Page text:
Employees are protected from retaliatory action by their employer for refusal to operate a commercial vehicle under § 31105(a)(1)(B)(i) (the “actual violation” prong) if operating the vehicle would violate relevant regulations. Under § 31105(a)(1)(B)(ii) (the “reasonable apprehension” prong) an employee need only have a reasonable apprehension of serious injury to himself or the public, based on the objective standard set out in § 31105(a)(2), for a refusal to operate a commercial motor vehicle to be protected. B. The Disciplinary Action Taken Against Mr. Eash

Mr. Eash has worked for Roadway since 1988 as a commercial truck driver, operating out of Roadway’s Copley, Ohio, terminal. After some years, relations between Mr. Eash and his employer deteriorated. Since late 1997, Mr. Eash has received a total of nine warning letters for various infractions. The first two warning letters, relating to fatigue, were the subject of prior litigation between the parties. See Eash v. Roadway Express, ARB No. 00-061, ALJ No. 98STA-28, slip. op. (Dec. 31, 2002). The instant appeal involves a challenge by Mr. Eash to an additional seven disciplinary letters. Mr. Eash alleged that five of the letters were issued in retaliation for filing the earlier litigation. The remaining two letters were issued for: 1) a failure to complete a trip in the allotted time due to fatigue; and 2) a refusal to drive in inclement weather. In order to resolve this appeal we need to consider only the facts surrounding the -3-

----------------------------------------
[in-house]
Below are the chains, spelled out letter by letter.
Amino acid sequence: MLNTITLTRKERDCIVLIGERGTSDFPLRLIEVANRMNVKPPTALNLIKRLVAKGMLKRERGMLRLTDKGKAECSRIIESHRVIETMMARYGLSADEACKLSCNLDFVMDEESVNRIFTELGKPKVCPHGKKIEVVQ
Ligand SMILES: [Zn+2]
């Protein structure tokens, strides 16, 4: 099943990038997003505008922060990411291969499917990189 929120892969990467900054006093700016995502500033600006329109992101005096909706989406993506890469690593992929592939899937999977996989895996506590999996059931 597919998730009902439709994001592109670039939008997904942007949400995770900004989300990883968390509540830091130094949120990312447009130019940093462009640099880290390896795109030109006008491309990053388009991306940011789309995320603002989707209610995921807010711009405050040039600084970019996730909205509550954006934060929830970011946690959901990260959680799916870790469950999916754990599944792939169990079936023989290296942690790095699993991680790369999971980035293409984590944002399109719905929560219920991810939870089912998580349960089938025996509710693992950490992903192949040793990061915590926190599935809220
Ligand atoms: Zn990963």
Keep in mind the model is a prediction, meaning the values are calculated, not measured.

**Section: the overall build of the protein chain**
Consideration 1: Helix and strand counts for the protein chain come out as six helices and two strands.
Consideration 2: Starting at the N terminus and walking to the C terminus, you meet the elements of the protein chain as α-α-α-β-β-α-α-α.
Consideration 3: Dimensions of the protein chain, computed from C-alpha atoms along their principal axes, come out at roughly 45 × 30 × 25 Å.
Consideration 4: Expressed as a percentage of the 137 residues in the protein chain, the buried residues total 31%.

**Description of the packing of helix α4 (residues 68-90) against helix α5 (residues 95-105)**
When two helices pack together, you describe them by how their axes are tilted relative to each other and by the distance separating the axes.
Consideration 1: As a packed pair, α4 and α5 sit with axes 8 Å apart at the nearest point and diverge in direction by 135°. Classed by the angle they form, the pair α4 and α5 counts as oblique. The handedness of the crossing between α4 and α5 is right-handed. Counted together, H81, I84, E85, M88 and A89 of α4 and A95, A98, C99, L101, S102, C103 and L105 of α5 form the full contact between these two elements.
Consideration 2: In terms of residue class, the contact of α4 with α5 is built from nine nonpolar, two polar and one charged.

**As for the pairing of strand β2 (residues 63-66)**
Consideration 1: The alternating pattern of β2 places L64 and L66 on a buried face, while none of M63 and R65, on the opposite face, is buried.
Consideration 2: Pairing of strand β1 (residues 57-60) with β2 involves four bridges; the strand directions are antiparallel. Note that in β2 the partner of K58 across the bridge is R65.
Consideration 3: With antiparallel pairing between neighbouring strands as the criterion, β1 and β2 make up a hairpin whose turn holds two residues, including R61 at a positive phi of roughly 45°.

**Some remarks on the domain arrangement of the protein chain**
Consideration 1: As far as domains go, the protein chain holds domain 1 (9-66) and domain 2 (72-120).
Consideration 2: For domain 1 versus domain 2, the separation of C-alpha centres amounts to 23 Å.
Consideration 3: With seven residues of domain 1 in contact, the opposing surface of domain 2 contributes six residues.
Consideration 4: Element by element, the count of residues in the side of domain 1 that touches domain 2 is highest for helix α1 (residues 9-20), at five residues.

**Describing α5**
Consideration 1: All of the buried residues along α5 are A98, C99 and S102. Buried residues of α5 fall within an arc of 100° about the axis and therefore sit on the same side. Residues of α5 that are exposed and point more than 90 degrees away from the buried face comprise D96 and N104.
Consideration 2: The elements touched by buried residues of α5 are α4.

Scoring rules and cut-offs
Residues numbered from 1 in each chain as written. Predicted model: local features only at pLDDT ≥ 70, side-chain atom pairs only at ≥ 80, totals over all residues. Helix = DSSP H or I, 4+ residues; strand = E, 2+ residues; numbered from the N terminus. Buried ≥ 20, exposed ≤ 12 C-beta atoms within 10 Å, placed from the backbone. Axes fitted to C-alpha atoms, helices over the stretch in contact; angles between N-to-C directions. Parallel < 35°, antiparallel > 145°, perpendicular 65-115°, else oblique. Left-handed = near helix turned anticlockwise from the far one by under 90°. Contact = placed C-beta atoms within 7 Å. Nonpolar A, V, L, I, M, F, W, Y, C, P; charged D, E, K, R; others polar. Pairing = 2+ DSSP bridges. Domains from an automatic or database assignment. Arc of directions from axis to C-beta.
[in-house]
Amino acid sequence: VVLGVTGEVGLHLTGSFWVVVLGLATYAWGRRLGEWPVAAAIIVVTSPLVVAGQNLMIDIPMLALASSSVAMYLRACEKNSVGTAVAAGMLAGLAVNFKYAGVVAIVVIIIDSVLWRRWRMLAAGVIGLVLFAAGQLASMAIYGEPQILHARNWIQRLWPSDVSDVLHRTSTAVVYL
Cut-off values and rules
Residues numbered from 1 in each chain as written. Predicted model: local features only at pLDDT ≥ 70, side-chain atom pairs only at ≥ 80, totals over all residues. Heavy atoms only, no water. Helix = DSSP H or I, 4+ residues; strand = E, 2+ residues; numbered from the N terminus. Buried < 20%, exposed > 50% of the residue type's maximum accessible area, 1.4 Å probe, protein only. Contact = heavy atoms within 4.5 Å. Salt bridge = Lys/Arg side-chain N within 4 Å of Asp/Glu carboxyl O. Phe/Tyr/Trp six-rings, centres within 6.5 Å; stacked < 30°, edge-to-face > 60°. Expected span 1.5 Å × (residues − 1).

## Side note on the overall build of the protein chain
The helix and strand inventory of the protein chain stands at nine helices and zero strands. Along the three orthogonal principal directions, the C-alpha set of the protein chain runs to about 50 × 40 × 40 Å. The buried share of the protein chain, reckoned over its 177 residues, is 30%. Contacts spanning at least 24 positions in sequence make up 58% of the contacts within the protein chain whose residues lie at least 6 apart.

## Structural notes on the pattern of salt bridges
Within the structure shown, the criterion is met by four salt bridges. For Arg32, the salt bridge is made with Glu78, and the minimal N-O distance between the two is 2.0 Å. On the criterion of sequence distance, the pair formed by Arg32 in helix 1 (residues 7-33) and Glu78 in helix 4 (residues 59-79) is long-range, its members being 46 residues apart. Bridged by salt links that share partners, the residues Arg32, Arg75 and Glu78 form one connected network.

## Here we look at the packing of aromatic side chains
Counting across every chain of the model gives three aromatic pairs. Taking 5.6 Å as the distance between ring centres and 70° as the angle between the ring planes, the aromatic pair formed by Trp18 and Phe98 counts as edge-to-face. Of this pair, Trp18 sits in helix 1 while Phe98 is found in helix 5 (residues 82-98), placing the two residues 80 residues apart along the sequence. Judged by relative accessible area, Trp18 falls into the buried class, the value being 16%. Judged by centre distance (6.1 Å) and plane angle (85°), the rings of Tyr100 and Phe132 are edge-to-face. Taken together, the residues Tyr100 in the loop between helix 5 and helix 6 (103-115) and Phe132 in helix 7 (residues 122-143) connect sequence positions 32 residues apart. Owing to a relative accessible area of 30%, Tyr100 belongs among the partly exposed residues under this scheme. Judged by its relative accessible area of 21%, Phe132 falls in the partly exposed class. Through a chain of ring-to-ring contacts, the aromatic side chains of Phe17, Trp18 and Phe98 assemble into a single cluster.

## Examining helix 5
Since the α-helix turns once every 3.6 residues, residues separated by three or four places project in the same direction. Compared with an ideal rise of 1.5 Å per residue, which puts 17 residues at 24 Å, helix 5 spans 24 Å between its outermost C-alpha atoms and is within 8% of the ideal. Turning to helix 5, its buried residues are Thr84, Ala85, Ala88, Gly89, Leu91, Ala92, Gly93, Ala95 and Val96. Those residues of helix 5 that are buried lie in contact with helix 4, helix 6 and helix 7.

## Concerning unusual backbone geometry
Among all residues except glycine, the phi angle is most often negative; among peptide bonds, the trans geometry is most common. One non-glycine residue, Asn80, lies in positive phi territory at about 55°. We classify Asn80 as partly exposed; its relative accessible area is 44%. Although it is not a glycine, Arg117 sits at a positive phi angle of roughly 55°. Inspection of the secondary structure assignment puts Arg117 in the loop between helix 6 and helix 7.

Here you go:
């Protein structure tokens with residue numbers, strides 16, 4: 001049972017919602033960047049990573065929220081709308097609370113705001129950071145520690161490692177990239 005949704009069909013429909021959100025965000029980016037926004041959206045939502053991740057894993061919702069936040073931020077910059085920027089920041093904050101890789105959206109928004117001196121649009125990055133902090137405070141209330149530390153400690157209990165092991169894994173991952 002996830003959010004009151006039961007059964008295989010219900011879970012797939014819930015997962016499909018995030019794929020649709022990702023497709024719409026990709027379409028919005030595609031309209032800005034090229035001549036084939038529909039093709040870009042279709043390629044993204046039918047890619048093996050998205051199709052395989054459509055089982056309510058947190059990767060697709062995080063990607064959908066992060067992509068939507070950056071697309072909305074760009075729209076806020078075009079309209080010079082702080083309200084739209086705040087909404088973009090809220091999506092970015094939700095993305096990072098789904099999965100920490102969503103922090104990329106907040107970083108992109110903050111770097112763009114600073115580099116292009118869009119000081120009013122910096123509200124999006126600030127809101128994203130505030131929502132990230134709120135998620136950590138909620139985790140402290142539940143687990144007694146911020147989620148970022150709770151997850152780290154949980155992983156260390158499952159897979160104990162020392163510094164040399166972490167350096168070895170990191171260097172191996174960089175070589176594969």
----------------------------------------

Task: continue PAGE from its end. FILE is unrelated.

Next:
Nos. 03-4074, 03-4115 Roadway Express, Inc. & Larry Eash v. Administrative Review Board warning letter for the refusal to drive based on inclement weather. Most of the eastern United States experienced a significant winter storm on January 14th and 15th, 1999. Substantial amounts of snow and freezing rain fell in the area surrounding Roadway’s Copley, Ohio terminal. On the evening of January 13, 1999, Mr. Eash departed the Copley terminal and arrived in Pittsburgh, Pennsylvania, in the early morning hours of January 14. Mr. Eash was dispatched to make the return trip to Copley, but on arrival was not dispatched to make another run to Pittsburgh because of inclement weather. He went to his home approximately twenty-six miles from Roadway’s terminal and slept. Mr. Eash awoke in the late afternoon and called Roadway’s dispatch center asking to be excused from his dispatch that evening because of the weather. Mr. Eash observed freezing rain near his home and saw a television report advising the public not to drive unless it was an emergency because of unsafe road conditions. The Roadway dispatcher advised Mr. Eash that other drivers were reporting for work and that he would be on call that evening. Mr. Eash called the Roadway terminal again at around 7:30 p.m. asking to be excused from his dispatch, stating conditions near his home had become worse. He stated that based on his experience, including a prior accident in icy conditions, he felt it was unsafe to drive to Pittsburgh that night. Again, the dispatcher refused to relieve him and informed Mr. Eash that he should consider their conversation a work call. Mr. Eash attempted to drive to the Copley terminal, but called Roadway dispatch a quarter of the way there and again asked to be relieved. Mr. Eash stated he nearly lost control of his personal vehicle twice and believed that conditions were too dangerous to operate a commercial vehicle. The dispatcher told Mr. Eash to, “do what -4-